History, it is sometimes said, is the propaganda of the victors. It is, nevertheless, the duty of both sides to ensure the accuracy of that account - not least that the errors that led to conflict should not be repeated.

In a fascinating and revealing recent interview in another place, Archbishop John Habgood reflected on the process and effect of the ordination of women to the priesthood.

He conceded that the democratic process of the church "is vulnerable to people who have axes to grind" and that, in the case of the women priests issue, "the long process of gestation took place right outside the structures of the church."

In these conclusions he is correct. The "gestation" and politicization took place in groups often deeply hostile to the Christian faith, whose aim was both theological and sociological - the overturning of the doctrine of creation, the Fatherhood of God and the determinative uniqueness of the Son. That such an issue could appear as "second order" and succeed in undermining the fellowship, unity and apostolicity of the church is a terrible indictment of church government.

Dr Habgood goes on to say that though there is no theological case against, it would have been better to go over the ground again "to make sure it was more secure". The former is, at best, a point of view and not the first time he has shown how little grasp he has of the doctrinal and ethical understanding of those who hold a less liberal view of Scripture and revelation.

He was asked if he would like to ordain women. He replied, "No, not particularly; nor would I dislike to." It was simply "convenient" that he did not.

This is scarcely a ringing endorsement of a venture that has proved so ruinous to the bishops' vocation to be a sign of unity.

But the most contentious suggestion is that the bishops were "pushed" and precipitated into this action "by the rest of the Church". This will not hold water.

The truth is that most of the church was indifferent to the issue and disbelieving of the likely consequences until too late.

The bishops had an effective veto on any proposal, which they never sought to exercise. Rather it was the bishops who had been driving the church hard down that road for some time.

Many bishops pushed for women deacons as a political move with not the slightest intention of developing the diaconate. This left many women in an impossible and deeply frustrating limbo. Most bishops, to which Dr Habgood is an honourable exception, created dioceses in which opposition became synonymous with exclusion and marginalisation. In many not a single questioning voice was to be heard on the Bishop's staff or in the Cathedral Close. Many of the church's best leaders are now retiring or resigning unused. That is a scandal.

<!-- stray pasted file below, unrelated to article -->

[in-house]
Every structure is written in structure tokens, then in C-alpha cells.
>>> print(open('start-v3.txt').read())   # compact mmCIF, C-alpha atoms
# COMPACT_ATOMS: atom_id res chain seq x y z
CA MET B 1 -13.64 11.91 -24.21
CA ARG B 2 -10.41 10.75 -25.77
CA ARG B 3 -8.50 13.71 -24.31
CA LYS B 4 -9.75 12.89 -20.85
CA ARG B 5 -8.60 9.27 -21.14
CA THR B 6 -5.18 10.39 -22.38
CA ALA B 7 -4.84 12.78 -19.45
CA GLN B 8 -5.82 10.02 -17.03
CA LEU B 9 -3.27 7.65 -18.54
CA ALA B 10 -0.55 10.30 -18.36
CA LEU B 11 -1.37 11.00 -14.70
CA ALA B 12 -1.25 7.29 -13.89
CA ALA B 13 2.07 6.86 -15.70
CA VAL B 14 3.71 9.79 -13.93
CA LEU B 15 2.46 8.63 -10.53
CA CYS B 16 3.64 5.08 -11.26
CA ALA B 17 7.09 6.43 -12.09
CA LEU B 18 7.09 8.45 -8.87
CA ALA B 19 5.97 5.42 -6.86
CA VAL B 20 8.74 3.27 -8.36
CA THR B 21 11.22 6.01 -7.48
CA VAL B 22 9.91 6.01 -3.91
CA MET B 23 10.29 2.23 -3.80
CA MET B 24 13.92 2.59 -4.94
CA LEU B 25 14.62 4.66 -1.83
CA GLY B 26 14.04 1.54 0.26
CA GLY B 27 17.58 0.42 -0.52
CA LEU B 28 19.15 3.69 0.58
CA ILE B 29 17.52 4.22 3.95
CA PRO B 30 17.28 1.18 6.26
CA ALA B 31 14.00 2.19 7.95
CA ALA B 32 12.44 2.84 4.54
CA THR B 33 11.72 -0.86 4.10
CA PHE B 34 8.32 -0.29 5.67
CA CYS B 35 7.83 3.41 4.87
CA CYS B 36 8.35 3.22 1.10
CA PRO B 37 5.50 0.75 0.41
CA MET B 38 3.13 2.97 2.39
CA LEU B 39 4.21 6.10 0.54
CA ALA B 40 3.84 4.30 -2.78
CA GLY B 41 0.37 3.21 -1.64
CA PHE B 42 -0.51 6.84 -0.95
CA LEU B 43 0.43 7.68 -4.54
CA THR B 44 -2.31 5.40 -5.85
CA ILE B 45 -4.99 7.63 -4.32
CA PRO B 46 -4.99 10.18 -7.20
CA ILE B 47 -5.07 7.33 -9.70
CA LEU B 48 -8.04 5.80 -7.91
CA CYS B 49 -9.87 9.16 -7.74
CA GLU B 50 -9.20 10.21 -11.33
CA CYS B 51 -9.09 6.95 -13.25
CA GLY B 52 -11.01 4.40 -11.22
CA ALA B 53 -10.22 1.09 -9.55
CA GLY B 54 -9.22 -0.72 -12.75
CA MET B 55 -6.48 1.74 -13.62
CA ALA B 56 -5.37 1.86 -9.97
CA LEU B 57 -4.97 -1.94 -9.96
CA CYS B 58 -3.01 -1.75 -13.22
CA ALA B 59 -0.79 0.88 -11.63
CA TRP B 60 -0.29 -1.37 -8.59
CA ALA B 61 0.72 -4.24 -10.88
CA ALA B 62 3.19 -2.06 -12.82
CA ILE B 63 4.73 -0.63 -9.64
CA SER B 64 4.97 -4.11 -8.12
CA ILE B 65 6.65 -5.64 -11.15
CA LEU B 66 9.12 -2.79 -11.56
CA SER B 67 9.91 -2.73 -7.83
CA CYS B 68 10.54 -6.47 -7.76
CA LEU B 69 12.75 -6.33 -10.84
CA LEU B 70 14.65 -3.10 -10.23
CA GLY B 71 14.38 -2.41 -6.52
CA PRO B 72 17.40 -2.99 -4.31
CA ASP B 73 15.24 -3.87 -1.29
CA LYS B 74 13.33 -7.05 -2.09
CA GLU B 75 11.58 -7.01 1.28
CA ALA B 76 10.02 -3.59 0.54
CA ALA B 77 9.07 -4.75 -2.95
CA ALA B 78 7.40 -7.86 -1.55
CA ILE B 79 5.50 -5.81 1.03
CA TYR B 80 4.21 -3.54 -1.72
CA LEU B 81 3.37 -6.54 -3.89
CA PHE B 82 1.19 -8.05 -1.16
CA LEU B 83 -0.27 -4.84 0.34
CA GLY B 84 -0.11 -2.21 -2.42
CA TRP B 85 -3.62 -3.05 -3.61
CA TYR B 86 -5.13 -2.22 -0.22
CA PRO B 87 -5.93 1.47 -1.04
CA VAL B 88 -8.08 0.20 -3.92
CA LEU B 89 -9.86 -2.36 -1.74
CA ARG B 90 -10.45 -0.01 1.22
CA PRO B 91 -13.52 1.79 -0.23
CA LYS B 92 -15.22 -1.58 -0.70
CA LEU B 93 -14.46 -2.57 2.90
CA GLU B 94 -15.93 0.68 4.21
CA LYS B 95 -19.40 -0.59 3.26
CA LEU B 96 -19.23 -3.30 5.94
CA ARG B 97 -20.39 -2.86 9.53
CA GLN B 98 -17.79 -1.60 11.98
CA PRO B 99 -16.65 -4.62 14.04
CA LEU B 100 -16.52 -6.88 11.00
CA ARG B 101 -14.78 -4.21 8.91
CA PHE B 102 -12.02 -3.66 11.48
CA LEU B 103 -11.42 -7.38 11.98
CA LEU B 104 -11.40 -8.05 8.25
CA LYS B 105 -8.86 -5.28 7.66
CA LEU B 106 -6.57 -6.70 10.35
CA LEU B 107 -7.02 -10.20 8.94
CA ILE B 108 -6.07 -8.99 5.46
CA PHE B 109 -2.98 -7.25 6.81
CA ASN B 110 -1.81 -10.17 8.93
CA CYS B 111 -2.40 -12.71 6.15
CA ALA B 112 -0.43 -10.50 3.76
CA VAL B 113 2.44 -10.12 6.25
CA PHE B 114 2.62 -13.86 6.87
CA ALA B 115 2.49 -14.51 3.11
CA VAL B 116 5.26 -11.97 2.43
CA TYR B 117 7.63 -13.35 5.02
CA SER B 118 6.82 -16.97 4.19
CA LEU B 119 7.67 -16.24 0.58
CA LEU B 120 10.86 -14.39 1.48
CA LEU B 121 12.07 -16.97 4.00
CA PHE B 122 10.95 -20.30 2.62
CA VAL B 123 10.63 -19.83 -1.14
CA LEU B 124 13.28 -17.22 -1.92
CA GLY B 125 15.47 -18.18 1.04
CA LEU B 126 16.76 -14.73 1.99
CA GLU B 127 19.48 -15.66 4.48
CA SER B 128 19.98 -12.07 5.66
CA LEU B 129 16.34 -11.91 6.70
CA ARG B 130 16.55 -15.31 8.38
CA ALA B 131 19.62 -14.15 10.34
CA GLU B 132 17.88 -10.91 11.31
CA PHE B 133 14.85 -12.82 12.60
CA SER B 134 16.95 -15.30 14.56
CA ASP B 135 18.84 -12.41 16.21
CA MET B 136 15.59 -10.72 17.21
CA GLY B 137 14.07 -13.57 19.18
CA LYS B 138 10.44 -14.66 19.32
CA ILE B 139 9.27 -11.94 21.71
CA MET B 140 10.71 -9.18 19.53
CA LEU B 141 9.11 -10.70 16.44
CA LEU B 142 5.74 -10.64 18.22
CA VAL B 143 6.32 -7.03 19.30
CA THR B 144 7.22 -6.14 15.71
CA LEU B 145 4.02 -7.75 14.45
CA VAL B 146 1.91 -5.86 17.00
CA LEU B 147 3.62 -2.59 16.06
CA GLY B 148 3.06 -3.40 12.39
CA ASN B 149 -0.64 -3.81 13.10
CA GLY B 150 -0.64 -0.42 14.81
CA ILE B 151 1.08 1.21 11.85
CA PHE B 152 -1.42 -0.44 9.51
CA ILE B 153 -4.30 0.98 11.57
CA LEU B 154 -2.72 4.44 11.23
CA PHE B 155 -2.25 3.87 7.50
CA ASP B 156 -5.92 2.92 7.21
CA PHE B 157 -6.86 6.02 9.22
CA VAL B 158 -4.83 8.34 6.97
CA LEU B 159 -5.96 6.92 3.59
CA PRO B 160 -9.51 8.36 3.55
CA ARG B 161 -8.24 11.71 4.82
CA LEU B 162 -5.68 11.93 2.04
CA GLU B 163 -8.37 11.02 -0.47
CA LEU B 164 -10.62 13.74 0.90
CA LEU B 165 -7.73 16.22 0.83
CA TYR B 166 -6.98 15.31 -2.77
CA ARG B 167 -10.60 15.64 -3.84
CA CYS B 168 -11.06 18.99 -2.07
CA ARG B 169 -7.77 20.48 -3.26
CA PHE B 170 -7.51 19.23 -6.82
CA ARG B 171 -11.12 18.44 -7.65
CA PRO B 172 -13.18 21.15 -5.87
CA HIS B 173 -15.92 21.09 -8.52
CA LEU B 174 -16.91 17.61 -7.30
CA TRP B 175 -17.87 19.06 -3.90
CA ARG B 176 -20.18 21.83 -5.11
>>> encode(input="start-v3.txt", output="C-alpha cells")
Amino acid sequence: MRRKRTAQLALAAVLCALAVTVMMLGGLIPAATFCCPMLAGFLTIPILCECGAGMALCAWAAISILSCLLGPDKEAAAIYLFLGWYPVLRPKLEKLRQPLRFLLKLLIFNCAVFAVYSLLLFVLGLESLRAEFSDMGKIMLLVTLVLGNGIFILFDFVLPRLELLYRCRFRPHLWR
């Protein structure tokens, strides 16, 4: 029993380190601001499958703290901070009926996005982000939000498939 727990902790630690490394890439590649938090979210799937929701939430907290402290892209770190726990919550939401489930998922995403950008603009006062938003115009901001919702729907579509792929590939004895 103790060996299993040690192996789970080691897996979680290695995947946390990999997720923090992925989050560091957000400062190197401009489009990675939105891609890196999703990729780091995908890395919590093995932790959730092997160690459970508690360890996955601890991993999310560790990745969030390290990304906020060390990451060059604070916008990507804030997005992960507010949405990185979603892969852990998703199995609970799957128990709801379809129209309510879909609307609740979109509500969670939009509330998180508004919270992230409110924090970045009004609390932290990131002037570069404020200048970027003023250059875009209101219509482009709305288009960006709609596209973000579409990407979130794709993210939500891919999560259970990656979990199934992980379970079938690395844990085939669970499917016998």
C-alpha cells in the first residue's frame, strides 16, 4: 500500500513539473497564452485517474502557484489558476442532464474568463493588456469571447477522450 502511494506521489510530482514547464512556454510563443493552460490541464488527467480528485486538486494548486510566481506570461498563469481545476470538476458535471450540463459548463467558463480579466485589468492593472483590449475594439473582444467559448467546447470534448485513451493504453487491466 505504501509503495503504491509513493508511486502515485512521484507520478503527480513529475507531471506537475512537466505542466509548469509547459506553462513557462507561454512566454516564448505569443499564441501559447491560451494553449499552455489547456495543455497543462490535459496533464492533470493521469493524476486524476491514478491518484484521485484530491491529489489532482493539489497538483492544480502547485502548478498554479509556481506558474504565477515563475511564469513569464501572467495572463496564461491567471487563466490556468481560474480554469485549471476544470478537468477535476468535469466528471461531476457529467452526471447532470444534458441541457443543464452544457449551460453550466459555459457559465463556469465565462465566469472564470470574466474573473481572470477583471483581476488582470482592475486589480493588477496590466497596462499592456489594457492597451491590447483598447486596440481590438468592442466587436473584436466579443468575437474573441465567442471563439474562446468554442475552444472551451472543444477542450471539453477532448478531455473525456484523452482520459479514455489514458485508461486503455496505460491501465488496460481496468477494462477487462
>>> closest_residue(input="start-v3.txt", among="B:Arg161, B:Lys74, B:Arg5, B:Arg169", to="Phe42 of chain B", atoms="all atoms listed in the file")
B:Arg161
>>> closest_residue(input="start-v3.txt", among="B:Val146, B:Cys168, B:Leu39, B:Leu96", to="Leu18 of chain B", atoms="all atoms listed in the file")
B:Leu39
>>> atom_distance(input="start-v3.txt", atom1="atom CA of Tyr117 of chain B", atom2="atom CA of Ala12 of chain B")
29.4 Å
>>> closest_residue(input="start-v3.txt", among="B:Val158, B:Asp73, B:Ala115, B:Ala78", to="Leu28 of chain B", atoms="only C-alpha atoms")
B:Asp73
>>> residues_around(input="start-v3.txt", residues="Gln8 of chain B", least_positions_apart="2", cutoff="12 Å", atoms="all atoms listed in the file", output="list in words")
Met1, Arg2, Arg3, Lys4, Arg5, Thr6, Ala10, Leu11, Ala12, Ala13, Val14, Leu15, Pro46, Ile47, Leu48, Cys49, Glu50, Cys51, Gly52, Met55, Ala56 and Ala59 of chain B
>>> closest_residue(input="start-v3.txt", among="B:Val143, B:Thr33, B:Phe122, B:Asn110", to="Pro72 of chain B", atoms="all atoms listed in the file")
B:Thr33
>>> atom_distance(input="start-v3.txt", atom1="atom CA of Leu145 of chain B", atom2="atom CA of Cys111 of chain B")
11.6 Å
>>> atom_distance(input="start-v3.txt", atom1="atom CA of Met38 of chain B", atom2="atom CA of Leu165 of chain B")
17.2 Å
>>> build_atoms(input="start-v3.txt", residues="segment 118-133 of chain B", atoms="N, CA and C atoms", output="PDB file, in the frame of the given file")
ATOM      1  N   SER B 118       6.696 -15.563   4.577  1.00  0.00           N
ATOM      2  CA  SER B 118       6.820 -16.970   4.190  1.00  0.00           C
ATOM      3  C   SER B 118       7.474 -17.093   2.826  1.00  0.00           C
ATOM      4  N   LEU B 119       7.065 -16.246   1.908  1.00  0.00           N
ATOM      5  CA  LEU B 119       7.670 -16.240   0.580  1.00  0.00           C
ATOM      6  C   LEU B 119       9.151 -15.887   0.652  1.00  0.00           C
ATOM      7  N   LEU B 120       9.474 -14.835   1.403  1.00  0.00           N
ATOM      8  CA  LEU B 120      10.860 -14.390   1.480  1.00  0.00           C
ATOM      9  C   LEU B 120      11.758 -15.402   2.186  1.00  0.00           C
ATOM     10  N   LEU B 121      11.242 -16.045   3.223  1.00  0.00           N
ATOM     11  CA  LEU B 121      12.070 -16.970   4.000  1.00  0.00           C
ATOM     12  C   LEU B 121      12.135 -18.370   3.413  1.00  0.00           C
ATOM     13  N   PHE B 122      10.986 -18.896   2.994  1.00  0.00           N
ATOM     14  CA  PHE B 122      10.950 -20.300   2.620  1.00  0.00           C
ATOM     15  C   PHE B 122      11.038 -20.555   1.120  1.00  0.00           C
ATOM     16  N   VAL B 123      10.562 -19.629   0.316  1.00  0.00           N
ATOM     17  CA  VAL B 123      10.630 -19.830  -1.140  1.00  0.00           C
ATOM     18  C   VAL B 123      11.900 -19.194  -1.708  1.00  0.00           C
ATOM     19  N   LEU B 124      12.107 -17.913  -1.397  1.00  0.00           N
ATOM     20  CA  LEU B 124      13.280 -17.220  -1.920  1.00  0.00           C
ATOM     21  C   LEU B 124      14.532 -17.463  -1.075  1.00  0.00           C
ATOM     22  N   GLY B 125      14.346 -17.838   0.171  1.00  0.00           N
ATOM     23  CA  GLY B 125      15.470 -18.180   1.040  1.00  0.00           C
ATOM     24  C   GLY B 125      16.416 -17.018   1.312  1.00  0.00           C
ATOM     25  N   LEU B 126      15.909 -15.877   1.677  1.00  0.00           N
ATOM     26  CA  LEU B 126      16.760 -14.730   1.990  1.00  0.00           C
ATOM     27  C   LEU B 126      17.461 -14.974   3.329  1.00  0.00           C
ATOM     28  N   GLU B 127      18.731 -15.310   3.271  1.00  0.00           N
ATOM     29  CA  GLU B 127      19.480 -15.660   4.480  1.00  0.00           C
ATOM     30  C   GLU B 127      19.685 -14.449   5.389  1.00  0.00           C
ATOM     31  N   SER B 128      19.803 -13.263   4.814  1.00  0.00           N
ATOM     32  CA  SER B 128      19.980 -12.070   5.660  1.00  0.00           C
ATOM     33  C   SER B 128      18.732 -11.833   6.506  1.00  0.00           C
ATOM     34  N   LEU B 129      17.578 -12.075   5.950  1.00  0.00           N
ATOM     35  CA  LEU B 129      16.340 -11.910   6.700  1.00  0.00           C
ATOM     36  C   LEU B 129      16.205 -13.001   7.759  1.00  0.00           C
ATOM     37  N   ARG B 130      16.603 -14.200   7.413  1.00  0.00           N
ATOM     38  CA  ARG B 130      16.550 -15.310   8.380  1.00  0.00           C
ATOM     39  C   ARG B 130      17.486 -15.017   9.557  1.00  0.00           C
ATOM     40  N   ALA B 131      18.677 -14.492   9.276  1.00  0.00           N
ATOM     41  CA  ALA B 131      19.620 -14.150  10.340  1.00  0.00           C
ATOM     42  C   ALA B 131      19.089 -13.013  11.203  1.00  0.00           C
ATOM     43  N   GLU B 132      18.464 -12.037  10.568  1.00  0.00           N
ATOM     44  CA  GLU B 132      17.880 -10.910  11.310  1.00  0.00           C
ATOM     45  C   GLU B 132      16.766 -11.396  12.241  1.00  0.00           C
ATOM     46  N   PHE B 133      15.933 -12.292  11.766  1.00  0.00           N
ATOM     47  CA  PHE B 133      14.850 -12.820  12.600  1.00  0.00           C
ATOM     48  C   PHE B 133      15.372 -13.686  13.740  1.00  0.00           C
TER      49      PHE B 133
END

And no-one can forget the bullying and emotional blackmail that surrounded many lay synod members in the November of 1992.

The process was unholy and unworthy of the Church of Christ.

If we are to live together and work together it is essential for the bishops to accept their responsibility for this. They must pledge, for the sake of the gospel, to end that injustice against the people whose only "crime" has been to hold to the teaching of the Church. And to repeal the deeply discredited appointment system which has seen a dangerous centralisation of power and patronage while, according to the Archbishop, leaving them powerless to defend the unity and apostolicity of the church.

It is in no-one's interest to have a system where bishops are perceived to be powerful yet claim to be impotent, long to be loved but end their days distrusted, want to be pastors but are experienced as persecutors.

The hand of reconciliation will not be spurned but action is required in every diocese and at every appointment level and pastoral opportunity.

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